• Very nice article. I believe that determining what differentiates one EHR vendor from another, or which EHR vendor offers the best product is a highly subjective question since every practice/specialty would have different workflows. The first step for any practice to determine which EHR vendor provides the best product for their practice would be to determine their workflows and inefficiencies so that they can plan on an adoption approach for the practice. Although each vendor has their own baseline script built into the system, how easily the system can adapt to the practice’s clinical scenarios would be critical. Besides, there are many websites out there falsifying comparison charts which differentiate one EHR vendor from another.

  • Hello John, and Prasad, well said.

    The bar being raised, it is really up to the practices – providers and office managers to step up to the plate in terms of evaluating systems that match their needs.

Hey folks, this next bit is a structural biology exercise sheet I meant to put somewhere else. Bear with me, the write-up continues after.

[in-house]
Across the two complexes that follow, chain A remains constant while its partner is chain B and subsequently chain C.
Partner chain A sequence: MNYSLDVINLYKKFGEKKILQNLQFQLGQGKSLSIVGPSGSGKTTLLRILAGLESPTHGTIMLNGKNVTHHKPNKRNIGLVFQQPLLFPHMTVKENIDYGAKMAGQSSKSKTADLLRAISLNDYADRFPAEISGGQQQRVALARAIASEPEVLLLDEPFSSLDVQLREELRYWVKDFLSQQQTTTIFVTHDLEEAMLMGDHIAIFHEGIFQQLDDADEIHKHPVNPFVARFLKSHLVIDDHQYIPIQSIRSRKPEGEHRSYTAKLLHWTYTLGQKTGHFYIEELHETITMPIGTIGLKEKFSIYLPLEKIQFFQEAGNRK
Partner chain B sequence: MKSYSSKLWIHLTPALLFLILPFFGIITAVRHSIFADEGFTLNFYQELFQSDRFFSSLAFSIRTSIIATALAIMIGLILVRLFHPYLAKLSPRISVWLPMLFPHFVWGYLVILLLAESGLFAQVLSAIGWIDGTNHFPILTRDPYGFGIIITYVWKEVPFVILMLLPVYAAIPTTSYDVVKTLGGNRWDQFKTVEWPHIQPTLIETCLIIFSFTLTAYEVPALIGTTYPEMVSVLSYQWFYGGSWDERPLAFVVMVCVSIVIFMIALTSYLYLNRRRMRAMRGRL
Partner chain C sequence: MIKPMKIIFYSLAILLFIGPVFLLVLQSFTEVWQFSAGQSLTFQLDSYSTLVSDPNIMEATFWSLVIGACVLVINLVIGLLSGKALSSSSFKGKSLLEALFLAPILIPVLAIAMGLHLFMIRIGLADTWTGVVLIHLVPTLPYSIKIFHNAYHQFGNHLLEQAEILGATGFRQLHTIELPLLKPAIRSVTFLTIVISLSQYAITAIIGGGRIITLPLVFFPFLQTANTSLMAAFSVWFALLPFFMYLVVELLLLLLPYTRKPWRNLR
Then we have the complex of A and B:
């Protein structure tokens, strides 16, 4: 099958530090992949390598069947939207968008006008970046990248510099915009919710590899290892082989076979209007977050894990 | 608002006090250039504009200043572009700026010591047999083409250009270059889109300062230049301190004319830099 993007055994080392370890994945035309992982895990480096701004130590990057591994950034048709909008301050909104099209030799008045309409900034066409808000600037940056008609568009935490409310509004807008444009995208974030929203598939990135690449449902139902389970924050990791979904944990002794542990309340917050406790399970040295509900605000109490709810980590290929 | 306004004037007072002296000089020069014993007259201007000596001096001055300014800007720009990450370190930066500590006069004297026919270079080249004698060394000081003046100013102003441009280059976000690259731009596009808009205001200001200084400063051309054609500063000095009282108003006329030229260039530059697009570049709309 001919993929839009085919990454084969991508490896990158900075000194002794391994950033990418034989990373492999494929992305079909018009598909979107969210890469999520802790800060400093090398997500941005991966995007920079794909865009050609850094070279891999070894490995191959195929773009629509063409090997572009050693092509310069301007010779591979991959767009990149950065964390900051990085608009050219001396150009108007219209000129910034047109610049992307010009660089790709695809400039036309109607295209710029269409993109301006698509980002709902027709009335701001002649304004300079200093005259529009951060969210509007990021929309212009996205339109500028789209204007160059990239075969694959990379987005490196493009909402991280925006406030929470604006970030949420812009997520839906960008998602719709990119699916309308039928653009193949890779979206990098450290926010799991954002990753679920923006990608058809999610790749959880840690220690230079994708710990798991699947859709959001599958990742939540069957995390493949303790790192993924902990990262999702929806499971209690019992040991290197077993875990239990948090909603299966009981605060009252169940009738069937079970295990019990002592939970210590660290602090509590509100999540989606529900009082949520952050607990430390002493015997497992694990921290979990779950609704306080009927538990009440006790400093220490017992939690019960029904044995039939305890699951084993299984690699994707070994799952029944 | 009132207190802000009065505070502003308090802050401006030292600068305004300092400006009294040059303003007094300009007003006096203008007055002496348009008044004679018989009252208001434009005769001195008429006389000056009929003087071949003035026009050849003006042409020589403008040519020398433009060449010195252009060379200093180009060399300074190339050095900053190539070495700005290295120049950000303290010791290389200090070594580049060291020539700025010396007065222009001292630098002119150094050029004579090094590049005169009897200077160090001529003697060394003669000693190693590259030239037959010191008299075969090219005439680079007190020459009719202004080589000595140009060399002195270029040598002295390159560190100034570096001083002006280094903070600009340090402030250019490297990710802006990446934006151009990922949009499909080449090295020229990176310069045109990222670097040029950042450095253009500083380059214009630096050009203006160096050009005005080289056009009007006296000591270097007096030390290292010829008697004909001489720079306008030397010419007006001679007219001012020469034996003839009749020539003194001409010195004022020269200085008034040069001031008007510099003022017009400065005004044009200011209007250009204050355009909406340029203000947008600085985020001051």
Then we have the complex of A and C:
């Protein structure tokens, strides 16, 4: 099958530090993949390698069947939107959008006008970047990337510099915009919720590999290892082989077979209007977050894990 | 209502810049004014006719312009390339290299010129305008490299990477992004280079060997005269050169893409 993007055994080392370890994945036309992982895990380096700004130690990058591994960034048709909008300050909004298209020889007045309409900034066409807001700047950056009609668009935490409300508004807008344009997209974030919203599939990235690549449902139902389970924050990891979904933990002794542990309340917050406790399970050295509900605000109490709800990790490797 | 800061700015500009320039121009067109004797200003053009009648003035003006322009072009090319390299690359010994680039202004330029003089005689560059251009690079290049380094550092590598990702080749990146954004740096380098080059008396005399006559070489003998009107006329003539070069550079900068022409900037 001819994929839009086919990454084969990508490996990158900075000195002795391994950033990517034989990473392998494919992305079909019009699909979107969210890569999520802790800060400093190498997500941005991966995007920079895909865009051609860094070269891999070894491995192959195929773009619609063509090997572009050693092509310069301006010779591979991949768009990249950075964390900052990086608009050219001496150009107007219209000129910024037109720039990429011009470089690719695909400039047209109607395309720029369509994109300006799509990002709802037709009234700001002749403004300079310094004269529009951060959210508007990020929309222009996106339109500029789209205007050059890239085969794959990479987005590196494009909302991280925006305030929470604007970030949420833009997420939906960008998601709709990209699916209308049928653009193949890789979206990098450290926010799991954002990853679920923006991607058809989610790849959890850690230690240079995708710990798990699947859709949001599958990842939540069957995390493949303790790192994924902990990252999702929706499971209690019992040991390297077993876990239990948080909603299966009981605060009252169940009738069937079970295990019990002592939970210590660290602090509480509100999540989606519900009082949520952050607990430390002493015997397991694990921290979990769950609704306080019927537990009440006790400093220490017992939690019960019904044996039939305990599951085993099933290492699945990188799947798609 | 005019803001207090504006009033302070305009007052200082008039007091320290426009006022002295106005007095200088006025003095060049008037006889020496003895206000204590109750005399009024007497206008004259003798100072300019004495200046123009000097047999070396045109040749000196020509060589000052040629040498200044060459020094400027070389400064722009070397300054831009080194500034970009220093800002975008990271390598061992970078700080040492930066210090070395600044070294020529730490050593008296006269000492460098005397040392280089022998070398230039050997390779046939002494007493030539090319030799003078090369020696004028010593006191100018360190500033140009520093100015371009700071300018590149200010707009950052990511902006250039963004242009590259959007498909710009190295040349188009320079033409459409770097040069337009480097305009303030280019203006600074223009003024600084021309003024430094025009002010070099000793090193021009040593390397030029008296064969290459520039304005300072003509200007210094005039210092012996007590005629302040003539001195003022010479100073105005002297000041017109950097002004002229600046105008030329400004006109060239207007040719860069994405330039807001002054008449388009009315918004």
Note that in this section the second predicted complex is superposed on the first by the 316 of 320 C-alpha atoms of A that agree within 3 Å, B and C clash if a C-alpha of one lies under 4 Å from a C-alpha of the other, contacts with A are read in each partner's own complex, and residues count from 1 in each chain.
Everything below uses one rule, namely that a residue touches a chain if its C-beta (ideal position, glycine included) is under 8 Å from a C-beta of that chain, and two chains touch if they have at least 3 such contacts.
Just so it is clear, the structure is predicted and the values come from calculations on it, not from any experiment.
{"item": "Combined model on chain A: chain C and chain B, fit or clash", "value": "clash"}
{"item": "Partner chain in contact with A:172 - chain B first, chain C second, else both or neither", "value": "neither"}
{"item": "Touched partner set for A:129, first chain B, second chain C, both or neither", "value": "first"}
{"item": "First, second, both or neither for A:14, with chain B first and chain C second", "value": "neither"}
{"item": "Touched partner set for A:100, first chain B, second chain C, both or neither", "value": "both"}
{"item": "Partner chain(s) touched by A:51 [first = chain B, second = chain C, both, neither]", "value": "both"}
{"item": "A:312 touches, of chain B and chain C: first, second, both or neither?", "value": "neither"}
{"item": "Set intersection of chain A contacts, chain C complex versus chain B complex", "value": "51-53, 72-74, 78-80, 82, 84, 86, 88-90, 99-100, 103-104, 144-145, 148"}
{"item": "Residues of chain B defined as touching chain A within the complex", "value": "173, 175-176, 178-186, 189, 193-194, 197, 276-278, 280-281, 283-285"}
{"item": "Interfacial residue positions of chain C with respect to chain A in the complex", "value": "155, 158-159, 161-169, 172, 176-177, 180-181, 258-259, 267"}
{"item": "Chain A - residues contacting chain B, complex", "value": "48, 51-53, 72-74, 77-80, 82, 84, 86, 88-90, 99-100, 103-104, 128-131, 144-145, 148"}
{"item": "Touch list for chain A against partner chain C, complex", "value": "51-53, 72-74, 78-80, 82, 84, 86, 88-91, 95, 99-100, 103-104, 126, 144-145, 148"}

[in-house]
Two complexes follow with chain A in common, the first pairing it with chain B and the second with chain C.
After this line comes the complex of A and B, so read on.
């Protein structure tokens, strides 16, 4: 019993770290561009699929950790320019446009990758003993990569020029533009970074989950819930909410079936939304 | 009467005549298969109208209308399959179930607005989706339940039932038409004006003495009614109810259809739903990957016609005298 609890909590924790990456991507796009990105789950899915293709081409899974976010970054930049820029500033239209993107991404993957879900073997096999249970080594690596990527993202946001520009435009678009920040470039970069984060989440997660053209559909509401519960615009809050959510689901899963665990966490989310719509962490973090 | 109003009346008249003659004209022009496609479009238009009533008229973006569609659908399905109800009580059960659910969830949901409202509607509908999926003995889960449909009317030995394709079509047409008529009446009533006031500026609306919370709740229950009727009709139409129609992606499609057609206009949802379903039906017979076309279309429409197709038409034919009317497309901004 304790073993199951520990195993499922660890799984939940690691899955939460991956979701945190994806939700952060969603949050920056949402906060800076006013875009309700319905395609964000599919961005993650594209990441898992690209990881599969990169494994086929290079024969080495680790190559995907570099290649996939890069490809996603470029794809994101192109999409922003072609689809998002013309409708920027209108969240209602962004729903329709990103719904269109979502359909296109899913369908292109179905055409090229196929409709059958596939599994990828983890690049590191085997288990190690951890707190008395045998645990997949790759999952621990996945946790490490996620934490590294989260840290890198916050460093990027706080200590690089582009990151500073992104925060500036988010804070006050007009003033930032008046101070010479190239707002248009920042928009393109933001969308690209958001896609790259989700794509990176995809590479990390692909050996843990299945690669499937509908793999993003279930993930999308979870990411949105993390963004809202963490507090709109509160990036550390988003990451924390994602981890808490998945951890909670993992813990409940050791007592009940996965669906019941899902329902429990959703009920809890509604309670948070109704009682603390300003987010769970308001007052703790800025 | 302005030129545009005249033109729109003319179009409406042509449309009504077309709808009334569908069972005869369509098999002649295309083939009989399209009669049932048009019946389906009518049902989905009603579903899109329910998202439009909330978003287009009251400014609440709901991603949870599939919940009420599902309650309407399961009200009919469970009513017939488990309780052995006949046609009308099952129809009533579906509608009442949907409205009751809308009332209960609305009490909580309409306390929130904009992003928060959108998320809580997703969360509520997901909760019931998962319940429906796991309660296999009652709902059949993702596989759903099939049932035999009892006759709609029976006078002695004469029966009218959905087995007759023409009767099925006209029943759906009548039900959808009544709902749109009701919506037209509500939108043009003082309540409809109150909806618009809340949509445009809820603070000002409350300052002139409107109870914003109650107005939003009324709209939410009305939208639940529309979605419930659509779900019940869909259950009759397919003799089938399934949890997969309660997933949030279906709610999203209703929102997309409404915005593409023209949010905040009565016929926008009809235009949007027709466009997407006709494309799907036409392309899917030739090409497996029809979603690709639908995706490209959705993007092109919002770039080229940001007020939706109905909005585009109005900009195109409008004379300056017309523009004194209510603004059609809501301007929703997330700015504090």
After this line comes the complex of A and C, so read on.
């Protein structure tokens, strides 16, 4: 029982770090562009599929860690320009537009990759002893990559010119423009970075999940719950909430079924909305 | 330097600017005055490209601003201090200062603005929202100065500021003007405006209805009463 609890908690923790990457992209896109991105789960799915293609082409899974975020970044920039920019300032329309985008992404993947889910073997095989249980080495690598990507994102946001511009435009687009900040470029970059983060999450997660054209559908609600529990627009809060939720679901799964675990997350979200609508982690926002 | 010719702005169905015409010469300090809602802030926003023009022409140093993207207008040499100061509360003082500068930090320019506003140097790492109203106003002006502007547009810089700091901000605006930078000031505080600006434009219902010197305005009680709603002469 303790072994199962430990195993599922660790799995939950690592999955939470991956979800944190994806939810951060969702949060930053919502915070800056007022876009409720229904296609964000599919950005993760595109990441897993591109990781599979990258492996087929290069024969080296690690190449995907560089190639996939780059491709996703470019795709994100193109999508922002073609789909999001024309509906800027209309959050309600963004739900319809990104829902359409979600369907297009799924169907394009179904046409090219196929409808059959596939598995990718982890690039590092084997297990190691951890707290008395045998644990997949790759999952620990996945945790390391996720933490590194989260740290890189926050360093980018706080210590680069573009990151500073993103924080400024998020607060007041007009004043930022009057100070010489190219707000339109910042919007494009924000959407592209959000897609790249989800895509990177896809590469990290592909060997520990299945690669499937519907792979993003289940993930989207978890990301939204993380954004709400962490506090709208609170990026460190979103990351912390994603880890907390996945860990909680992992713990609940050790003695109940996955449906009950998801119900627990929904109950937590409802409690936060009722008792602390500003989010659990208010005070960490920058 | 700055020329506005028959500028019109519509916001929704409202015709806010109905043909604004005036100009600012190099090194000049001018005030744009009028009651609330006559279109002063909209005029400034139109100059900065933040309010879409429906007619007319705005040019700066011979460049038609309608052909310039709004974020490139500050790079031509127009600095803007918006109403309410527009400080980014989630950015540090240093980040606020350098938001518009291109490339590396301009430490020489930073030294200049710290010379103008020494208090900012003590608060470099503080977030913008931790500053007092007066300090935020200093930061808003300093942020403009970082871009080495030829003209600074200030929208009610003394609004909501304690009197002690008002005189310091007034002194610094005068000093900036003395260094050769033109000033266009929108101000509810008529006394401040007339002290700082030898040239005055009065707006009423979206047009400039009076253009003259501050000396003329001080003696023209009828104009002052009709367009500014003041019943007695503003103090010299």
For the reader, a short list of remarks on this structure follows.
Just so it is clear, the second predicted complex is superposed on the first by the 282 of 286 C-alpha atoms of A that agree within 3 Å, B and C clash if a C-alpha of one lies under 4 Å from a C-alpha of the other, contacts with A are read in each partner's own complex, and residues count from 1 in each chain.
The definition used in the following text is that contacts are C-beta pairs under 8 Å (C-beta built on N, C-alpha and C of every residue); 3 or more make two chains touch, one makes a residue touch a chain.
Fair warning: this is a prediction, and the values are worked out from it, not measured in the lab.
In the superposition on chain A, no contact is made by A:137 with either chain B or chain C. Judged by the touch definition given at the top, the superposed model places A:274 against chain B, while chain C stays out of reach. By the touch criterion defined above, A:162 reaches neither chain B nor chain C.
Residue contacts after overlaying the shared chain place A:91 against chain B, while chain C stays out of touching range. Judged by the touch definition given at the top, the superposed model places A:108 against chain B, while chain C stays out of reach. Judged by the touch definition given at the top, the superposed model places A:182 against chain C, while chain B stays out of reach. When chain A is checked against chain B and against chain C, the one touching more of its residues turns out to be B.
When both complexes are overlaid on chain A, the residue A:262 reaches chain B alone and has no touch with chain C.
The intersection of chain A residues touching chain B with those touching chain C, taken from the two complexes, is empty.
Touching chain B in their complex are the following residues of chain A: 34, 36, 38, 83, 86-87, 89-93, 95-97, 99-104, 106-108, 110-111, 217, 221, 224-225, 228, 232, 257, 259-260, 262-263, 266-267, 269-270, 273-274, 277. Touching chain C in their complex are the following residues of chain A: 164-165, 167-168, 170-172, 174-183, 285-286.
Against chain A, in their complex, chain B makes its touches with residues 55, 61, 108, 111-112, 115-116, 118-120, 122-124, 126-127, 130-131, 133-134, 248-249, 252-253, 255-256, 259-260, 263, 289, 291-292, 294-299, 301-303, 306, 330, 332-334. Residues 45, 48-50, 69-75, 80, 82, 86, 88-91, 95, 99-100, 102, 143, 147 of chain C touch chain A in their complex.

A part of the problem I have seen is many practices are unable to articulate their needs well, leaving the door open to manipulation by vendors with razzle-dazzle, great reviews, etc. Nothing wrong with that, but as you’ve pointed out John, what works well for one practice may not work for another. Does not mean one is a bad system versus others.

  • Nice piece , John. Working support for an EMR vendor I have a slightly slanted perspective. but I have to agree that service and support are key. Responsiveness to calls, knowledge of product, iplementation experience, industry insight, and a personal touch make for successfull relationship with practices.

  • What differentiate EHR’s is whether the solution and the business model are proven. These will define the market going forward:

    1. Which EHR’s is proven and preferred? Studies and physician satisfaction surveys exist

    2. Affordable and sustainable total cost of ownership

    3. Partnering for results without vendor lock

    With all the EHR’s out there in the market, we must look for where they have been adopted and used to achieve results: broad adoption, satisfaction and cost effective quality care. That is where the differentiation is.